Dr. Cattell stepped in, it still wasn’t the voice that I heard in the old room, “Are you sure it’s hooked up correctly, if those orange wires are anywhere near a red wire it shorts out the frequency detector and the wavelengths cross. You might be receiving brain activity, Elias.”
“No, I checked that. There’s something wrong with the machine.” Dr. Taro sighed, “Cheap pieces of shit, we’ve got more money coming in than any other corporation and we still get shitty machines. Great load of—”
“Shut up with that language, Taro.” Dr. Cattell said, “No one has time to hear you curse like a sailor, you don’t have a sailor job.”
“I know I’m not a motherfu—whatever.”
“Regardless of the malfunction, just write down the EEG’s…we’ve already gotten the CT scan done, and we’ll get those results back soon enough. What we need to do now is get her to talk.”
“Talk ya little bastard,” said one of the lovat green berets as he winked, “Talk and we’ll show you a good time around your cell.”
The two soldiers laughed.
“That’s vile,” shouted Dr. Cattell’s assistant, “Does your mother know you say that?”
“My mother was killed by one of them,” snarled the soldier, “fucking little bitch.”
“Enough.” Dr. Cattell stated, “I’ve had enough. You soldiers, out of here. Give me guns,” the soldiers looked upset, “Yes, both of you, guns. Right now or I’m calling the General!” Both soldiers dropped their guns with a clatter to the floor. “Good, now get out. Now.”
The soldiers stalked off, angrily, shooting icy glares at me and showing his middle finger to Dr. Cattell.
Dr. Cattell shook his head, pulled out a walkie-talkie from his waistband and spoke into it, “Hello, Lieutenant General Cohen? Doctor Cattell here, I’m having a problem with two of your men, Oliver Kennedy and Christopher Jardin, please remove them…only if you think it's necessary...Fifteen would be nice, Thank you. I will keep in touch; you have a good day now and say hello to the wife and kids for me.”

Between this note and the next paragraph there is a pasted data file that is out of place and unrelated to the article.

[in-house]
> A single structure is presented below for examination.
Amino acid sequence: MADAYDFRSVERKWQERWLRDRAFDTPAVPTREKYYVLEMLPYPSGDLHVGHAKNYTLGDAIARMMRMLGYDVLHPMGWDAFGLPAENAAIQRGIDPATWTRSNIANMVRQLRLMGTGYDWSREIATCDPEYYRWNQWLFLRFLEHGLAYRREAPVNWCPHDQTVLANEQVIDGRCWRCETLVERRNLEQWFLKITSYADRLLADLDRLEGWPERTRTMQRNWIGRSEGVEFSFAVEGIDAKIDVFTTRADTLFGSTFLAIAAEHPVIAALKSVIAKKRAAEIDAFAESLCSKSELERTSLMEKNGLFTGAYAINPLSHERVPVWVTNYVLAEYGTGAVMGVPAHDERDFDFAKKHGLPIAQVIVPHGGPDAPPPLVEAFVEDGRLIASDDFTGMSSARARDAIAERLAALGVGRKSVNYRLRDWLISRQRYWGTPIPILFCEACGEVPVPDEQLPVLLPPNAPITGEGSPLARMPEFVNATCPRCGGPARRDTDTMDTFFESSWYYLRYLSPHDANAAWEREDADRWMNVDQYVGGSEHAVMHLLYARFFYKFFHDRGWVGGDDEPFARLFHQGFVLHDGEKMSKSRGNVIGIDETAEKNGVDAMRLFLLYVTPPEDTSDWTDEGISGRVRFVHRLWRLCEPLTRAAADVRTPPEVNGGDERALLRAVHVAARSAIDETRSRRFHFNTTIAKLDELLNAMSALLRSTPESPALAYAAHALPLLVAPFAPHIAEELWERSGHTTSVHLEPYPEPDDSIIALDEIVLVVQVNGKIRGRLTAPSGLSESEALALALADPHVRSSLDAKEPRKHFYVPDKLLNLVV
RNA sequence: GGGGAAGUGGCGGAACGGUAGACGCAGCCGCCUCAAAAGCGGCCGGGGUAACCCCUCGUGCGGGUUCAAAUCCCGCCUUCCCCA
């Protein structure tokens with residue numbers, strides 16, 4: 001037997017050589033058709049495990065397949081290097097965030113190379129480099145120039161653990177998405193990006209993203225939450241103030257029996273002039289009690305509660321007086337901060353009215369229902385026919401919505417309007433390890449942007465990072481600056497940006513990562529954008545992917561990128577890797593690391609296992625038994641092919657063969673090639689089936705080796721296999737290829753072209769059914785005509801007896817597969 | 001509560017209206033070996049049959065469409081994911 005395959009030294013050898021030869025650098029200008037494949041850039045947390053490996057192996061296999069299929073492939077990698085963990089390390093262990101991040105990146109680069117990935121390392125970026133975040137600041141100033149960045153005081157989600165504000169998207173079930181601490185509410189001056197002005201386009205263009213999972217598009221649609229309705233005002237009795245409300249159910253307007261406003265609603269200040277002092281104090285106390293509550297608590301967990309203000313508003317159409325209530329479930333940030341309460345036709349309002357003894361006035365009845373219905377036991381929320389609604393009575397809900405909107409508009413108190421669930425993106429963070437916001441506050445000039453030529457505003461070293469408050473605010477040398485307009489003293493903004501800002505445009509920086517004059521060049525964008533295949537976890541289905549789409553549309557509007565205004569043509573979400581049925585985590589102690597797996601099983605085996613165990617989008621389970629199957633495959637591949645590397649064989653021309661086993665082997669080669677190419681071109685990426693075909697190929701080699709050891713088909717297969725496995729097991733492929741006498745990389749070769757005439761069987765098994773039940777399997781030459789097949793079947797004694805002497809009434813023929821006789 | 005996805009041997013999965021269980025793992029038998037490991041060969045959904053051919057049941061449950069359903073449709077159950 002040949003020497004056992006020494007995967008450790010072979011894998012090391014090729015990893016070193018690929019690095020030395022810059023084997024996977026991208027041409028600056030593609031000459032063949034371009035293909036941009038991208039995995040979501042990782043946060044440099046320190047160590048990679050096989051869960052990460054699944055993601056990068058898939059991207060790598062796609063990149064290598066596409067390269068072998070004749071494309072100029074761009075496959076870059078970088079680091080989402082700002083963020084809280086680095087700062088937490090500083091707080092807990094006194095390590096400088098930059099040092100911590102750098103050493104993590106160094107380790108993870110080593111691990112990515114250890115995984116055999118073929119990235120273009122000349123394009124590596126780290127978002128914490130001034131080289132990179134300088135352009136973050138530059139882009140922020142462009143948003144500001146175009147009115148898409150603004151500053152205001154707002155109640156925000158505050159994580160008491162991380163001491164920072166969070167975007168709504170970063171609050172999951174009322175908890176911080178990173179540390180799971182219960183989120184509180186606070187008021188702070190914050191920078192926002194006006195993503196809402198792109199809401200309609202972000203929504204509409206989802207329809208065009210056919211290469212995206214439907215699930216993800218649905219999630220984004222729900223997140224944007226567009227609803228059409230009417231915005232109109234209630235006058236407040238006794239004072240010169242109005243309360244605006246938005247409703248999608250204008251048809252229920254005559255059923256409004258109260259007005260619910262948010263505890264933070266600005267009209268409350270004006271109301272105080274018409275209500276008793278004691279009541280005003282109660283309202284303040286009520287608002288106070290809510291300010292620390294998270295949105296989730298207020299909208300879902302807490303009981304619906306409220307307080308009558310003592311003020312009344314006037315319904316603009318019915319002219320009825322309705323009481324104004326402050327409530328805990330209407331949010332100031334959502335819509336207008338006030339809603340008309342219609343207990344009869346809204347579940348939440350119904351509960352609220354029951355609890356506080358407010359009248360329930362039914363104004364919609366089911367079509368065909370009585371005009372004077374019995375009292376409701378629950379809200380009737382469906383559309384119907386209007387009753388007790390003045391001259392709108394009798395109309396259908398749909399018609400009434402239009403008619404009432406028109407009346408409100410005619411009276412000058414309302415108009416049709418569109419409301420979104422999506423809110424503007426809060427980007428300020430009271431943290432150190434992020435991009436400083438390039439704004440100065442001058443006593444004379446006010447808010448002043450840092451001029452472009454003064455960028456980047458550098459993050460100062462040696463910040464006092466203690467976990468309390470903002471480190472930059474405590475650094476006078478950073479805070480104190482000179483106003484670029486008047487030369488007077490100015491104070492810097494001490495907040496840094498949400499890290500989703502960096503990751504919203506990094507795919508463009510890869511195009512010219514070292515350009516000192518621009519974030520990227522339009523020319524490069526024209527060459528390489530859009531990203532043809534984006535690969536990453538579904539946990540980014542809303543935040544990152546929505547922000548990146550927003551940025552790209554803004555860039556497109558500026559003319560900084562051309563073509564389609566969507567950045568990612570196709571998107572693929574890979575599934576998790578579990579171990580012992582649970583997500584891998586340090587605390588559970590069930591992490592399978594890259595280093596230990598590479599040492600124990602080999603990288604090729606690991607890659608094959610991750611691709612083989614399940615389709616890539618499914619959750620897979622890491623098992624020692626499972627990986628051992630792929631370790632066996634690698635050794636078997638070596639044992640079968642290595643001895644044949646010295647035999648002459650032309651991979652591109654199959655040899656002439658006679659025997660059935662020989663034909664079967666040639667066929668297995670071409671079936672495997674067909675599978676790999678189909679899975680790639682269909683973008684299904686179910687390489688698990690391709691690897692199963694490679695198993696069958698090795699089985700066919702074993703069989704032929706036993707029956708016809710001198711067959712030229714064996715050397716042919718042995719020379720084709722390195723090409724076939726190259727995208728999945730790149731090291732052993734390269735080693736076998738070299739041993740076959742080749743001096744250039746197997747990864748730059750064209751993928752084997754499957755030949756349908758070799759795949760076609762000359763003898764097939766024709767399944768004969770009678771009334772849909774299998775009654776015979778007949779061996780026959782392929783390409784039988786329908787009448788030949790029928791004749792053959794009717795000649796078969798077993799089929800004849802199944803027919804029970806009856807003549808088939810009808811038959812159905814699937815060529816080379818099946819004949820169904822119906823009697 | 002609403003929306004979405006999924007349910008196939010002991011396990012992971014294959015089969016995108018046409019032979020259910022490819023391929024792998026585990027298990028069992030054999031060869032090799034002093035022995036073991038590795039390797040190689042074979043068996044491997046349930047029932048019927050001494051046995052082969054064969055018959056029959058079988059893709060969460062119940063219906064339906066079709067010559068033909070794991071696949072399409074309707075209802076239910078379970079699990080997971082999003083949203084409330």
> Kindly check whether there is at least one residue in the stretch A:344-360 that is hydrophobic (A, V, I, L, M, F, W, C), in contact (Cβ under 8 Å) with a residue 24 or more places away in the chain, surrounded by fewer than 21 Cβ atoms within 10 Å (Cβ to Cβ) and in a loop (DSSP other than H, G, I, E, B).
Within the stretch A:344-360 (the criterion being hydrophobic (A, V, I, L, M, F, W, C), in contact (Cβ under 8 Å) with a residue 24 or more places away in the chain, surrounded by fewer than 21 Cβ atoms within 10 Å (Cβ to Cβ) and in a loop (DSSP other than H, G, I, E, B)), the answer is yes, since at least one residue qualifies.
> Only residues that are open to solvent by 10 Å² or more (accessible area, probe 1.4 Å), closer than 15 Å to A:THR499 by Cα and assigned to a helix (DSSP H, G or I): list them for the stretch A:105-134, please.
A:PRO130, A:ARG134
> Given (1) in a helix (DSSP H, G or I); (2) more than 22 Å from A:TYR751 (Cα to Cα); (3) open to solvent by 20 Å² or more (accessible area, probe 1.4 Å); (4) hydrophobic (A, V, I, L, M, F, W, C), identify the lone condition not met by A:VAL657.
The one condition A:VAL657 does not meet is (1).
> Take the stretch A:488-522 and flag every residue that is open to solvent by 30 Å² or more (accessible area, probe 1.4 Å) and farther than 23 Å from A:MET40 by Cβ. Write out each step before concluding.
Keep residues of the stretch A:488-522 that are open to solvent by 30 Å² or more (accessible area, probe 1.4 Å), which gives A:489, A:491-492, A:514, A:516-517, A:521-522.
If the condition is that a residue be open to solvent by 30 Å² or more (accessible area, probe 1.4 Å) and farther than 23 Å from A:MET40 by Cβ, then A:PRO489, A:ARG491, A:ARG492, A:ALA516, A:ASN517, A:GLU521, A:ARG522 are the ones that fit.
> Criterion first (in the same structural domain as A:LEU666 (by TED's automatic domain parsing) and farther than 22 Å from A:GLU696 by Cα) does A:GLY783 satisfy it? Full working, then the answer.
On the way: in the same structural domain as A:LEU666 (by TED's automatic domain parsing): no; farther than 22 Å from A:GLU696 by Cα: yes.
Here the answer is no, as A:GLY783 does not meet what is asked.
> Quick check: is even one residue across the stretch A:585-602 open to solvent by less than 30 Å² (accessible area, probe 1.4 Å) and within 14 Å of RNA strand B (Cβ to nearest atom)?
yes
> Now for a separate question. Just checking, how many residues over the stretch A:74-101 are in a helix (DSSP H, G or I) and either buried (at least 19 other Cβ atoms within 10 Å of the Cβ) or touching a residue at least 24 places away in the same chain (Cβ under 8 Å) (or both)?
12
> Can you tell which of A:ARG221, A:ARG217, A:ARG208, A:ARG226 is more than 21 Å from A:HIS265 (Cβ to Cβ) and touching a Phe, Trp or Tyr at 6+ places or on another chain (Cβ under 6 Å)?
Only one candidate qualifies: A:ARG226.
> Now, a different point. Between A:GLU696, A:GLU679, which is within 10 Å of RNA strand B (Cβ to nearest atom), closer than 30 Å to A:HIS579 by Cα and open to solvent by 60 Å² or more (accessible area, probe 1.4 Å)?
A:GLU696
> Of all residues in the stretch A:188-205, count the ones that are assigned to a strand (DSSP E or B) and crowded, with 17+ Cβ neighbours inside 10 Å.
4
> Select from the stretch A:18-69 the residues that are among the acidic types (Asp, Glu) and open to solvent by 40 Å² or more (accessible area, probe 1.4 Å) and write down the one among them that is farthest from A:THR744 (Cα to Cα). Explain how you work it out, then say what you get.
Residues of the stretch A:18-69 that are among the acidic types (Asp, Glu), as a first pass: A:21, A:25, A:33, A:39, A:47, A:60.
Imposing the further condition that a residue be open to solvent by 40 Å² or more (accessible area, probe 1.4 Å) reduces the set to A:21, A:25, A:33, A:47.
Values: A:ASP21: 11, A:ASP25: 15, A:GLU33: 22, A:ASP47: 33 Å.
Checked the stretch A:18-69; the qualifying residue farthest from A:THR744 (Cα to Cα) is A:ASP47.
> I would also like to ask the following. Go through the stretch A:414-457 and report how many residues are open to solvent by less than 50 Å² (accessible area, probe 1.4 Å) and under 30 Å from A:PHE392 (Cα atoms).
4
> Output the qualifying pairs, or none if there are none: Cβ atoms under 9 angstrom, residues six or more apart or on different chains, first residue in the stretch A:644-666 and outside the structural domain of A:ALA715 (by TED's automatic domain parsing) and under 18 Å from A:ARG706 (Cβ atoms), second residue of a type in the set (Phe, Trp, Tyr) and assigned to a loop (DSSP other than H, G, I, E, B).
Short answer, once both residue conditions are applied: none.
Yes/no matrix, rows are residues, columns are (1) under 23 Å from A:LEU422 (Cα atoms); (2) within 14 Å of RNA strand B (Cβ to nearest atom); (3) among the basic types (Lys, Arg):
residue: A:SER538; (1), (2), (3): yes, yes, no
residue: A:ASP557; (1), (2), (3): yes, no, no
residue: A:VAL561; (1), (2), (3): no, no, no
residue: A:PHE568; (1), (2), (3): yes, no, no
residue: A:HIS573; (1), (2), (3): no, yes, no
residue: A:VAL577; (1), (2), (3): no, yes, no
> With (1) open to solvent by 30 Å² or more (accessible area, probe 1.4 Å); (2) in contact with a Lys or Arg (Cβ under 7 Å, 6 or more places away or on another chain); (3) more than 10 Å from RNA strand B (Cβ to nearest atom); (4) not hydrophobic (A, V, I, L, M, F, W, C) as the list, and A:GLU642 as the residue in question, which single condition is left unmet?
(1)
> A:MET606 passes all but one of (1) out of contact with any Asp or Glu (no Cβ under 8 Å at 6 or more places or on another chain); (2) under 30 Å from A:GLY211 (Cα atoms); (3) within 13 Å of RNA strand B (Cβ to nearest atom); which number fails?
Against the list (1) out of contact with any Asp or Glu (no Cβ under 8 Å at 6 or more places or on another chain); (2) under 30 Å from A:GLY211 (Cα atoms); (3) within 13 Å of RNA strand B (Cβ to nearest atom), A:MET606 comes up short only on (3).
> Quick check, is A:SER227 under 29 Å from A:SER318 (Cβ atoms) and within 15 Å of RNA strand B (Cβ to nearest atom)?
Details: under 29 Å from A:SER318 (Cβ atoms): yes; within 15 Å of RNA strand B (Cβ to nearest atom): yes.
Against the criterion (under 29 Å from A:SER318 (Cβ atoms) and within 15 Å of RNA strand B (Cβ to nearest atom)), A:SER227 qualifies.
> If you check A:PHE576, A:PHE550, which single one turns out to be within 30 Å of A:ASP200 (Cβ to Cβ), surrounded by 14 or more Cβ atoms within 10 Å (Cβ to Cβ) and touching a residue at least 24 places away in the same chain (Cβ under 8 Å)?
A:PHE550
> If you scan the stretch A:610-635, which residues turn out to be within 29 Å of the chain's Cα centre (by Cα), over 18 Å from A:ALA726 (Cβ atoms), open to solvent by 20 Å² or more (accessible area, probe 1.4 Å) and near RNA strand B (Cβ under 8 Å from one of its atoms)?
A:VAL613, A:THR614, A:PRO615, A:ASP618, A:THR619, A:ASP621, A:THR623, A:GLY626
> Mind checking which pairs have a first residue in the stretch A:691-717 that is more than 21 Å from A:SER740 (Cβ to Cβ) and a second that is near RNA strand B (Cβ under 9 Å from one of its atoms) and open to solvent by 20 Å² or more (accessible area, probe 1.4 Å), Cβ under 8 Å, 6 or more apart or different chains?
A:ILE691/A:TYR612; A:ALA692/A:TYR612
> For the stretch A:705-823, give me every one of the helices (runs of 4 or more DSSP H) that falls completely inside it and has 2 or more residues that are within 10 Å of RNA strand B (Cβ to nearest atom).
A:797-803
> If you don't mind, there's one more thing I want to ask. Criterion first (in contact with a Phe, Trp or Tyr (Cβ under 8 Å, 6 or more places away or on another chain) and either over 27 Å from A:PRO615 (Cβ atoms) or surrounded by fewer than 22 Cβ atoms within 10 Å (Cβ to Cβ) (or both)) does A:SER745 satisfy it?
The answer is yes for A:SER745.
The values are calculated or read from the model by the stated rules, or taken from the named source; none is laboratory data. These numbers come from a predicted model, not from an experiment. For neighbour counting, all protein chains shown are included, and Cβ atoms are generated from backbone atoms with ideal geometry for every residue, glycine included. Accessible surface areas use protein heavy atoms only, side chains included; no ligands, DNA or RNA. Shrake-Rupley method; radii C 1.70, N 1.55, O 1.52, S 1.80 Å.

Dr. Cattell clicked off the walkie-talkie and not even ten seconds later, a rush of footsteps were heard outside the door,
“What are you doing?”
“What the fuck is going on, man? You can’t do this! You can’t do this to me!”
“Gerrof me! Stop! STOP!”
The voices died down the further they were dragged down the hallway.
Fifteen shots rang through the air and then, silence.
All eyes turned back to me. I shuddered.
Dr. Cattell motioned for Dr. Taro to move and he followed obediently but angrily. Dr. Cattell sat down in front of me his fingers pointed like a steeple as he spoke, “You have to do this, you heard me, you can hear everything, you have excellent hearing, I’ve studied just how much you can hear with those lovely little ears of yours. Now, you will talk. I will not torture you or even touch you. But if you want that little heart in your chest to continue beating, I would speak.” He pulled out the walkie-talkie, “The same way that I took care of them, I can take care of you. I can even help you. Do you want some more food?”
“Do you want something cool to drink when you’re hot, something hot to drink when your cold?”
Once again, I nodded.
“Do you want a bathroom, a shower, a sink?”
I nodded again, this time vigorously.
“Do you know why you want that before your other needs? Like safety?”
I shook my head no.
“It’s a part of Maslow’s Hierarchy of Needs, Abraham Maslow was a psychologist.”
Psychologist, I thought, had a certain ring to it. It sounded…vaguely familiar.
“This psychologist created a pyramid on what humans put as their priorities, you’ll be more likely to cooperate if you have fresh food, water, and you’re clean. Am I correct?”
The only thing he left out was if I would live. That’s all I care about. I just want to live. I nodded again.
“Good, I can get all of these things for you.”
I stared at him skeptically.
“But you have to do one thing for me.”
I furrowed my eyebrows questioningly at him and he continued, “You have to speak and if you don’t speak, you nor your cell mates will receive any food. And you’re…” he glanced at his clipboard, “Brother, number 81011 will live if you speak. But…if you don’t speak by sundown, we’ll kill him. If you don’t speak by tomorrow morning, we’ll kill Tabatha, and so on and so forth. You understand.”
I nodded again.
Dr. Cattell smiled deviously and clapped his hands together, “I’ll leave you to think.” He motioned for everyone to leave the room and they all filed out, “You can handle taking off those wires right? They pull right off.”